Though it’s not recognized by the American Psychiatric Association’s Diagnostic and Statistical Manual of Mental Disorders (DSM-5), which is the handbook or “mental health bible” of psychiatric disorders used by mental health clinicians, many addiction experts say that work addiction or workaholism is very real. One estimate suggests that it impacts 10 percent of U.S. adults – and a large portion of that percentage includes lawyers, doctors, and psychologists.
Work addiction is different than just being a diligent employee or working long hours; it’s characterized by a compulsive need to work and to stay busy — even if that means jeopardizing relationships with family and friends, sleep, exercise, and other aspects of a healthy life. For the workaholic, working becomes a necessity and the mere thought of not doing it can trigger feelings of guilt, depression, anxiety and/or worthlessness.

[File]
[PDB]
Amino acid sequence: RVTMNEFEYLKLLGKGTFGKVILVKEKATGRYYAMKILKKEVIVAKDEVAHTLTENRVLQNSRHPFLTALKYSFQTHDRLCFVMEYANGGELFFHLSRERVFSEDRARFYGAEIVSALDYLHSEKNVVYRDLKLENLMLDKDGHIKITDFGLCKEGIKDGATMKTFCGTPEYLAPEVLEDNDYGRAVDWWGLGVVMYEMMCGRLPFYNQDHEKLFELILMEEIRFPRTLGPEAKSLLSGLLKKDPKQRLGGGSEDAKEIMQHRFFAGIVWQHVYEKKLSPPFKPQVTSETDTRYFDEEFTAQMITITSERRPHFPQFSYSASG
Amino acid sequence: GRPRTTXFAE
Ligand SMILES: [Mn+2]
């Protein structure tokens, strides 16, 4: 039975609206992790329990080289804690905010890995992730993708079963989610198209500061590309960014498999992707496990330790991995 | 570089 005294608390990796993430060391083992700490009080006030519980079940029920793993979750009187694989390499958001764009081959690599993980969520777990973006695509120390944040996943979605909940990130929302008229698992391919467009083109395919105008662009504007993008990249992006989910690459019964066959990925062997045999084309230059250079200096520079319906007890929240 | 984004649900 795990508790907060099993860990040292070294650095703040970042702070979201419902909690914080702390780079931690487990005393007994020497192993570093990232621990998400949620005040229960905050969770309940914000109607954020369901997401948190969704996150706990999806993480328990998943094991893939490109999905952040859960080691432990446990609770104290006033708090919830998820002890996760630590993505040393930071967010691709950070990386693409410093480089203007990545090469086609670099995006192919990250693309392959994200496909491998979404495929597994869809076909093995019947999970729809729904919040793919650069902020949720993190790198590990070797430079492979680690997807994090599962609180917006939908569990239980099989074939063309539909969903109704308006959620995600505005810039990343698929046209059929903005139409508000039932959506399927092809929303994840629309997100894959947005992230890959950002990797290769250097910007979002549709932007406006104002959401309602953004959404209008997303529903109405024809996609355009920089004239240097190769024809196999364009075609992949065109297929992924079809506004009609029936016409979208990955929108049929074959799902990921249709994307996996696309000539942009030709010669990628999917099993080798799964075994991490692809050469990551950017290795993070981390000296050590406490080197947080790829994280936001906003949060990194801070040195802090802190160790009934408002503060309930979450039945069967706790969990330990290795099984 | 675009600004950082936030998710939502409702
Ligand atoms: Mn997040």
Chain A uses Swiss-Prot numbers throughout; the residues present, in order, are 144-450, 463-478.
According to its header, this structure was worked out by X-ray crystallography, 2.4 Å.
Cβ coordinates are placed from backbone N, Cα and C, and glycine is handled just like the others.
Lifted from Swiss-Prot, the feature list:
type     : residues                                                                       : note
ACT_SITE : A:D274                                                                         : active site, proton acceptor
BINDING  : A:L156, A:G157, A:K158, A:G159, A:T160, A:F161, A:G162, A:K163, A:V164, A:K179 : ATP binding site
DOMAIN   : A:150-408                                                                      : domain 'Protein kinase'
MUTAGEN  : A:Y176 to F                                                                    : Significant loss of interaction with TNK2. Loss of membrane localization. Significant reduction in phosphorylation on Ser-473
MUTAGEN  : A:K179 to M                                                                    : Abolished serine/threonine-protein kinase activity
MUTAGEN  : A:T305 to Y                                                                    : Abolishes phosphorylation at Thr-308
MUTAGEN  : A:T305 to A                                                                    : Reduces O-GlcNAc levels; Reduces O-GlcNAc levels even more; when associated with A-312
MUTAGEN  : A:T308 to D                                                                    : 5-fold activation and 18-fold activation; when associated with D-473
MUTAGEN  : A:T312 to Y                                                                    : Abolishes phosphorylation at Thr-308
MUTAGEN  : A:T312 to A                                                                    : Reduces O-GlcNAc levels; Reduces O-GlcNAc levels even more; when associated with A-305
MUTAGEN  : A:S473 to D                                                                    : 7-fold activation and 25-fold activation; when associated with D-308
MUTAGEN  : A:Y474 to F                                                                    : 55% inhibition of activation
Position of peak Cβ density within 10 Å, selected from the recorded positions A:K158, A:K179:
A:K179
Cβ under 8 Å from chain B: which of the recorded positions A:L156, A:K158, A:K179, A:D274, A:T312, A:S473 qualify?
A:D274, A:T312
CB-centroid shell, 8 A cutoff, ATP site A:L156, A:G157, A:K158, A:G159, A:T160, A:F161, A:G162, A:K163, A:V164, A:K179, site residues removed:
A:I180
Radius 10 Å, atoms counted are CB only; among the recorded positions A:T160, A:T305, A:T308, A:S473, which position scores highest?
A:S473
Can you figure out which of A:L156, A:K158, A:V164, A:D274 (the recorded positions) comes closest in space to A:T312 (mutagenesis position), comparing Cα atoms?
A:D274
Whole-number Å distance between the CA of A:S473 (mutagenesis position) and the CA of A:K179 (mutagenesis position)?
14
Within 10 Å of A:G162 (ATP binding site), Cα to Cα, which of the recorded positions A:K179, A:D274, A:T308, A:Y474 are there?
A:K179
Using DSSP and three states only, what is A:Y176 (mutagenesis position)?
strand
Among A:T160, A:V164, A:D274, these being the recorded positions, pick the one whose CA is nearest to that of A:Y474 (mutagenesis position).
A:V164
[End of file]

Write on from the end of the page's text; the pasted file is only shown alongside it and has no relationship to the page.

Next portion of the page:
Much like other types of behavioral addiction, people who are addicted to work tend to:
- Build up a tolerance
- Become dependent on work as a way to cope with emotions and “feel normal”
- Continue despite physical and/or mental harm. Carpal tunnel syndrome, disabling back pain, gastrointestinal disturbances, ulcers, cardiovascular disease, sleep disorders, anxiety disorders, depression, and even suicide have been linked to work addiction.
- Have trouble cutting back despite wanting to stop
- Consistently go beyond the intended amount/intensity; workaholics work longer and harder than their peers.
- Experience symptoms of withdrawal (like depression, irritability) when not working
- Minimize or hide the true extent of their addiction
Do any of these symptoms sound familiar? If you recognize workaholic habits in yourself or in a loved one, it may be time to seek help. Or, at the very least, try to slowly disengage from work and rediscover other aspects of a full, rich life.
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